The First Industrial Revolution.

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The First Industrial Revolution is often known as the Textile revolution. It was based around textile manufactering and factories. Before the First Industrial Revolution, England's economy was based on the cottage industry, in which production took place in domestic settings. This process did not allow for high production when demand rose. In 1733, John Kay invented the flying shuttle, which cut weaving time in half. This led to more inventions to better the production of cloth, and by the 1750's, the Industrial Revolution had begun. Inventions such as the spinning jenny and the water-powered frame, the spinning mule, the power loom, and the cotton gin, all helped the manufacturing of cotton goods by speeding up the process. The idea of iterchangeable parts aowed for mass production and the factory system. Mass production had begun, along with capitalism. The factory system proved itself more efficient than the cottage industry, taking over the economy. The factory system produced more job opurtunities, creating a middle, factory working class. Steam engines provided faster modes of transportation and served as a bridge between the First and Second Revolutions.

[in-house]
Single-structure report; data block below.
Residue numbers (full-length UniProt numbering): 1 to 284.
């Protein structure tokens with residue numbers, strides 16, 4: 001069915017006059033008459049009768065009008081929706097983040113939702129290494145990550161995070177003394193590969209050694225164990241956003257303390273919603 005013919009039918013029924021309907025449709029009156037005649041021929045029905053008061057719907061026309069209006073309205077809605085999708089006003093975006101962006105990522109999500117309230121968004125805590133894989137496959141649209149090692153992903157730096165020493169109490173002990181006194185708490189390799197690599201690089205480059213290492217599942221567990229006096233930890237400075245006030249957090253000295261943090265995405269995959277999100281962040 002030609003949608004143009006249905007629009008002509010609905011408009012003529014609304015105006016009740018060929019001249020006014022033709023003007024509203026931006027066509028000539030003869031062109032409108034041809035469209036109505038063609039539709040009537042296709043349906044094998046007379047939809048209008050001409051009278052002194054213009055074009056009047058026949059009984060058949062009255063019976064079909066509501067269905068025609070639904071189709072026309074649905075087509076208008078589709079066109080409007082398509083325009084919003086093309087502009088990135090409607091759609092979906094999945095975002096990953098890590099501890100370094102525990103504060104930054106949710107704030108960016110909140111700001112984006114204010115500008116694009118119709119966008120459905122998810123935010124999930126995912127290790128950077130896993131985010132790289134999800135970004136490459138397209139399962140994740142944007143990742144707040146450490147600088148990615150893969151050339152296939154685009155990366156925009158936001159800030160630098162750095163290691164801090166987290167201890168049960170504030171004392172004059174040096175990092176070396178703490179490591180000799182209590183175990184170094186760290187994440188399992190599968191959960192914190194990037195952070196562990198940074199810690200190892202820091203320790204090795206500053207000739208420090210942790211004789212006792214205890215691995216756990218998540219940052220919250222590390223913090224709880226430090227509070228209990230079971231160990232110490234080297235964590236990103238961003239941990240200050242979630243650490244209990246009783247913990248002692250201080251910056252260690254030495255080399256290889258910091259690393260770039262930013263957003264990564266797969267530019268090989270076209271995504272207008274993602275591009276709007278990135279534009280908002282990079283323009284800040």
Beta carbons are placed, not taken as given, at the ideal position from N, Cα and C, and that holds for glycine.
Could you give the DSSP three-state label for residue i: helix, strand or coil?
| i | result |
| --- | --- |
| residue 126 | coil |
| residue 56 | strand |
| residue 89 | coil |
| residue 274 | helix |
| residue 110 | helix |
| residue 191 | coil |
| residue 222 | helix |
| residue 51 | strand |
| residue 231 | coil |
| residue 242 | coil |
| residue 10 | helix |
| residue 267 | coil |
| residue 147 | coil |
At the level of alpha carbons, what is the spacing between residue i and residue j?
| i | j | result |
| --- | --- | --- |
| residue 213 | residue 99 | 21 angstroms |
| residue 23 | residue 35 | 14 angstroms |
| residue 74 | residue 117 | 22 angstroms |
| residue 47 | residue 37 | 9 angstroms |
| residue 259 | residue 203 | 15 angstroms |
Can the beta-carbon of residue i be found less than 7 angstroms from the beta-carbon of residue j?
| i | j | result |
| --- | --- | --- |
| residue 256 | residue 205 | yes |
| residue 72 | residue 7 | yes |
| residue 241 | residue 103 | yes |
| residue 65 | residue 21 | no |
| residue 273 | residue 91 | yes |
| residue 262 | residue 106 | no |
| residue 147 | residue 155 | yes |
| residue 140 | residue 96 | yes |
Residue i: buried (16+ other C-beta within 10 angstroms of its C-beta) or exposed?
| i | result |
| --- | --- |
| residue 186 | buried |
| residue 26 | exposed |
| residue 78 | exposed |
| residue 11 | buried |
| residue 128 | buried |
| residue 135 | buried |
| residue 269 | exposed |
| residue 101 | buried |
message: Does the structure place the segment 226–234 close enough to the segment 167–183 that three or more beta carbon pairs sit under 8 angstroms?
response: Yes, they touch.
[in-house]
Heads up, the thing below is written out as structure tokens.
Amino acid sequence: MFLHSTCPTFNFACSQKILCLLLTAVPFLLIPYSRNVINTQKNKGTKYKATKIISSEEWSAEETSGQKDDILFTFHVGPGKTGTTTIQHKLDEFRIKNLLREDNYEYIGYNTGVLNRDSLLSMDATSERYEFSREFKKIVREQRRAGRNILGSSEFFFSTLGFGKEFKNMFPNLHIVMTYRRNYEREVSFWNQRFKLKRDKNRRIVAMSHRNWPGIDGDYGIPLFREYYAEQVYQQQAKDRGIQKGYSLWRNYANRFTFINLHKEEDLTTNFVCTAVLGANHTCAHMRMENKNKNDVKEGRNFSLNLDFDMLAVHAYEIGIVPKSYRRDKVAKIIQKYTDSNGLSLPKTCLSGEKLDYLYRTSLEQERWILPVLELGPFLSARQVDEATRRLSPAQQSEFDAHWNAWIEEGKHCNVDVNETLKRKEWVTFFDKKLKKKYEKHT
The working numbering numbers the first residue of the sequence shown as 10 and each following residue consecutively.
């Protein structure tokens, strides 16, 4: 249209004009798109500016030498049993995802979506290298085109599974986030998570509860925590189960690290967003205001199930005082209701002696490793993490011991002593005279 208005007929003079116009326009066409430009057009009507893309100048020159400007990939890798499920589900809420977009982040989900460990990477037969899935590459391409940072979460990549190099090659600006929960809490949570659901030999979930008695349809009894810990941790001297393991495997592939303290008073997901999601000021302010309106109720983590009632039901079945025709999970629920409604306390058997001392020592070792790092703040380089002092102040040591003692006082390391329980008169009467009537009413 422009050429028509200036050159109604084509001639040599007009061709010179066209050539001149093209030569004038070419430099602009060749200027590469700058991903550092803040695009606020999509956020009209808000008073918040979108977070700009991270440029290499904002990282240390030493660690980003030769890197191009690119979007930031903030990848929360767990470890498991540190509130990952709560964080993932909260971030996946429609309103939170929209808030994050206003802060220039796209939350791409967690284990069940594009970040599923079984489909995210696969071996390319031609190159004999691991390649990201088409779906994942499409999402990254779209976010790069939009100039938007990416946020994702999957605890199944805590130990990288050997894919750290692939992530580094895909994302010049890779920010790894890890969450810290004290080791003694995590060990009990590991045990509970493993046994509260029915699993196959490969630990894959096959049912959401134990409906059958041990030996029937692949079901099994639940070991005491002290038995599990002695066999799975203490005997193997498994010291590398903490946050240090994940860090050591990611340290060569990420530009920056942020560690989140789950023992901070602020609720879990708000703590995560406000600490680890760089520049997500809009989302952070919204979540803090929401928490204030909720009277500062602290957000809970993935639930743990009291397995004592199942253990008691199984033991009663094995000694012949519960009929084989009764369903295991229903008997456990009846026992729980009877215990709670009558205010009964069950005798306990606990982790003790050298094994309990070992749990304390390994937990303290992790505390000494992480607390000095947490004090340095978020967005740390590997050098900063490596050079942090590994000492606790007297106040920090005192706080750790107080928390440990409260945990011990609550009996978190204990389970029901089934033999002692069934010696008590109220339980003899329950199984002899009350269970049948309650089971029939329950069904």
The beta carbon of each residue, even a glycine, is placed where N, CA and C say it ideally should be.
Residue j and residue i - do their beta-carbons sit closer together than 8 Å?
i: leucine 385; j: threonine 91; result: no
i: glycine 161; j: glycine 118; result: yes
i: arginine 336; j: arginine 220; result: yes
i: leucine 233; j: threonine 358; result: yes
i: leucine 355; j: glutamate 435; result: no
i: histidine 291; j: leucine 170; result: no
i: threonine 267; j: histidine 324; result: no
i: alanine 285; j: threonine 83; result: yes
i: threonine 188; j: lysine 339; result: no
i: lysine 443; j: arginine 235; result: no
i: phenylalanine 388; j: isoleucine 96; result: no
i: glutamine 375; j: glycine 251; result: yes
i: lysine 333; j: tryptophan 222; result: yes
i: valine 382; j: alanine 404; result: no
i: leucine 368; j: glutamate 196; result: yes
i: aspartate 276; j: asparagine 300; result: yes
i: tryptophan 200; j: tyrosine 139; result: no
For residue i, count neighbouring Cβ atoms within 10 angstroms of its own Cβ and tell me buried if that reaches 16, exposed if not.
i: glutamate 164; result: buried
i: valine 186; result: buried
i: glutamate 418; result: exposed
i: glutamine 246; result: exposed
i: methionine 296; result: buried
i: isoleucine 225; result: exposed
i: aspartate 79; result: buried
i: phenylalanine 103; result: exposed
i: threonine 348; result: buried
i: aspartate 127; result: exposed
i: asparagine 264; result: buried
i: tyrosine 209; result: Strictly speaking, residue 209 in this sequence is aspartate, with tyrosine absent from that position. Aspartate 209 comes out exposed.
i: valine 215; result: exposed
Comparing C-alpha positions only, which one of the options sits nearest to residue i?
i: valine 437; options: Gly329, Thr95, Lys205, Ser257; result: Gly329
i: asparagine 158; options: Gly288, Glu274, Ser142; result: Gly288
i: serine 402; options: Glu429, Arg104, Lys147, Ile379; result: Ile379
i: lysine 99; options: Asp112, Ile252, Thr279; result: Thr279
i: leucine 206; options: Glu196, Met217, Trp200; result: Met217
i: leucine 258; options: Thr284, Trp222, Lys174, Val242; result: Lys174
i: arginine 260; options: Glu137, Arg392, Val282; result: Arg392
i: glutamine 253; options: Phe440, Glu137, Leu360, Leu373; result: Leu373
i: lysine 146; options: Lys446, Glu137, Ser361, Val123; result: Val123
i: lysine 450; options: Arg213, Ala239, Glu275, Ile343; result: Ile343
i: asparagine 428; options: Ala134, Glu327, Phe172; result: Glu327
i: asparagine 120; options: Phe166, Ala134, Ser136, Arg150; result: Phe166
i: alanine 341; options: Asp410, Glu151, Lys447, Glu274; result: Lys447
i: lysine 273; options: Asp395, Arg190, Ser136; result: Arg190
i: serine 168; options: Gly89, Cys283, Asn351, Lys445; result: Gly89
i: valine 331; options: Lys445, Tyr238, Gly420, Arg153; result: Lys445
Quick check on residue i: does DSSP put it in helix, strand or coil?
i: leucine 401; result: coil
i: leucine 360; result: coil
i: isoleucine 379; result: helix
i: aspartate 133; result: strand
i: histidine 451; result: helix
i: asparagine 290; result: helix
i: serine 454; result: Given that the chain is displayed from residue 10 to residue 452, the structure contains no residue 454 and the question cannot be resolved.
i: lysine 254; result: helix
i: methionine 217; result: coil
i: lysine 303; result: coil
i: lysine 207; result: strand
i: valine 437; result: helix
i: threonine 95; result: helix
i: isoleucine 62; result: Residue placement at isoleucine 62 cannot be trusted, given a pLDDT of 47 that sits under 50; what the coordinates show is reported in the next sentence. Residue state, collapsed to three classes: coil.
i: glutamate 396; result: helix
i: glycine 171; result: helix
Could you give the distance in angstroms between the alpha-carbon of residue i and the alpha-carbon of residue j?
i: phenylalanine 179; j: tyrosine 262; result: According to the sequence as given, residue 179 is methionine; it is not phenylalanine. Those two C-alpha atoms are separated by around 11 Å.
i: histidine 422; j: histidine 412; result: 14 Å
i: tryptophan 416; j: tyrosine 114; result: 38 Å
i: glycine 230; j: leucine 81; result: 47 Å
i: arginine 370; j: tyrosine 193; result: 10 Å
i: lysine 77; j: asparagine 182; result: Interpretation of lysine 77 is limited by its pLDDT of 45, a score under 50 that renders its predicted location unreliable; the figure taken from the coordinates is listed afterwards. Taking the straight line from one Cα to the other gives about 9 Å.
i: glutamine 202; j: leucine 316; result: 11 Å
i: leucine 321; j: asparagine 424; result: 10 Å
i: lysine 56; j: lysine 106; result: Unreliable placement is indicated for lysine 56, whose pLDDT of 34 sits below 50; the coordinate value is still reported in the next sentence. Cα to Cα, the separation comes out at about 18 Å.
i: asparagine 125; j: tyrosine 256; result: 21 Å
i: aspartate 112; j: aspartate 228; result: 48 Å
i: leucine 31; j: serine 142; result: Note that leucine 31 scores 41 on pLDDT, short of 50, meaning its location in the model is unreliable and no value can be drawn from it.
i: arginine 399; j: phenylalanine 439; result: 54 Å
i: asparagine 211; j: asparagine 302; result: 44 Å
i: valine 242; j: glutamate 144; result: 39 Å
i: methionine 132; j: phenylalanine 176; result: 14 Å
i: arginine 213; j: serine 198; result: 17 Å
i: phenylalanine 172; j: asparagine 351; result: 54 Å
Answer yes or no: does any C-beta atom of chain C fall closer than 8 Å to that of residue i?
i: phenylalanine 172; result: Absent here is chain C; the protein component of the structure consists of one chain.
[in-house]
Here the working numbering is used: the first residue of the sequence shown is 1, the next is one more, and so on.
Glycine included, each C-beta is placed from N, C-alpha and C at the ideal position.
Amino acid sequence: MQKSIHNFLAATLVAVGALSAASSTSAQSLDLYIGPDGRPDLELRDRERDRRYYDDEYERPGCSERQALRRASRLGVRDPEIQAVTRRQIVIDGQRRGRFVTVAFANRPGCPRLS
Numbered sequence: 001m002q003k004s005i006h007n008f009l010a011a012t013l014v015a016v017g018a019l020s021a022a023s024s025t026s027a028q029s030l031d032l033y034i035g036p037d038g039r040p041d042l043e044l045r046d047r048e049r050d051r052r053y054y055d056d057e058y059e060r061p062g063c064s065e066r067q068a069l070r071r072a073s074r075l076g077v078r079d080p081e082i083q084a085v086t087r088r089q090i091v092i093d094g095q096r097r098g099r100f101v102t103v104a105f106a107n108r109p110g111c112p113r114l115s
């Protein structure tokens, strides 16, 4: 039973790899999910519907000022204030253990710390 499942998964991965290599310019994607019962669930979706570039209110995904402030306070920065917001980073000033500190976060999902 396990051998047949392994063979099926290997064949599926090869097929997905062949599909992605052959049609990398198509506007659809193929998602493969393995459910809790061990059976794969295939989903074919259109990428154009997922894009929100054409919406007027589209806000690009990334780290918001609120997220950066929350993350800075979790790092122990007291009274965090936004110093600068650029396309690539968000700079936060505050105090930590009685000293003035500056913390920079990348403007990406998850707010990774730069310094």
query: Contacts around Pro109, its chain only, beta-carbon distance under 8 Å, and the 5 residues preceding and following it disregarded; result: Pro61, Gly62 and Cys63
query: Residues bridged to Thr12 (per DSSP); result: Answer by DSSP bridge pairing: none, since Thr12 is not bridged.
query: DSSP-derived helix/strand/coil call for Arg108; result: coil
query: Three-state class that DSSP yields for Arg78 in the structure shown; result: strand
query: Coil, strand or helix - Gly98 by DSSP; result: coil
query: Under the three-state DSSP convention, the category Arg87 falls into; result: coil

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Created by: Alexa DeAntonio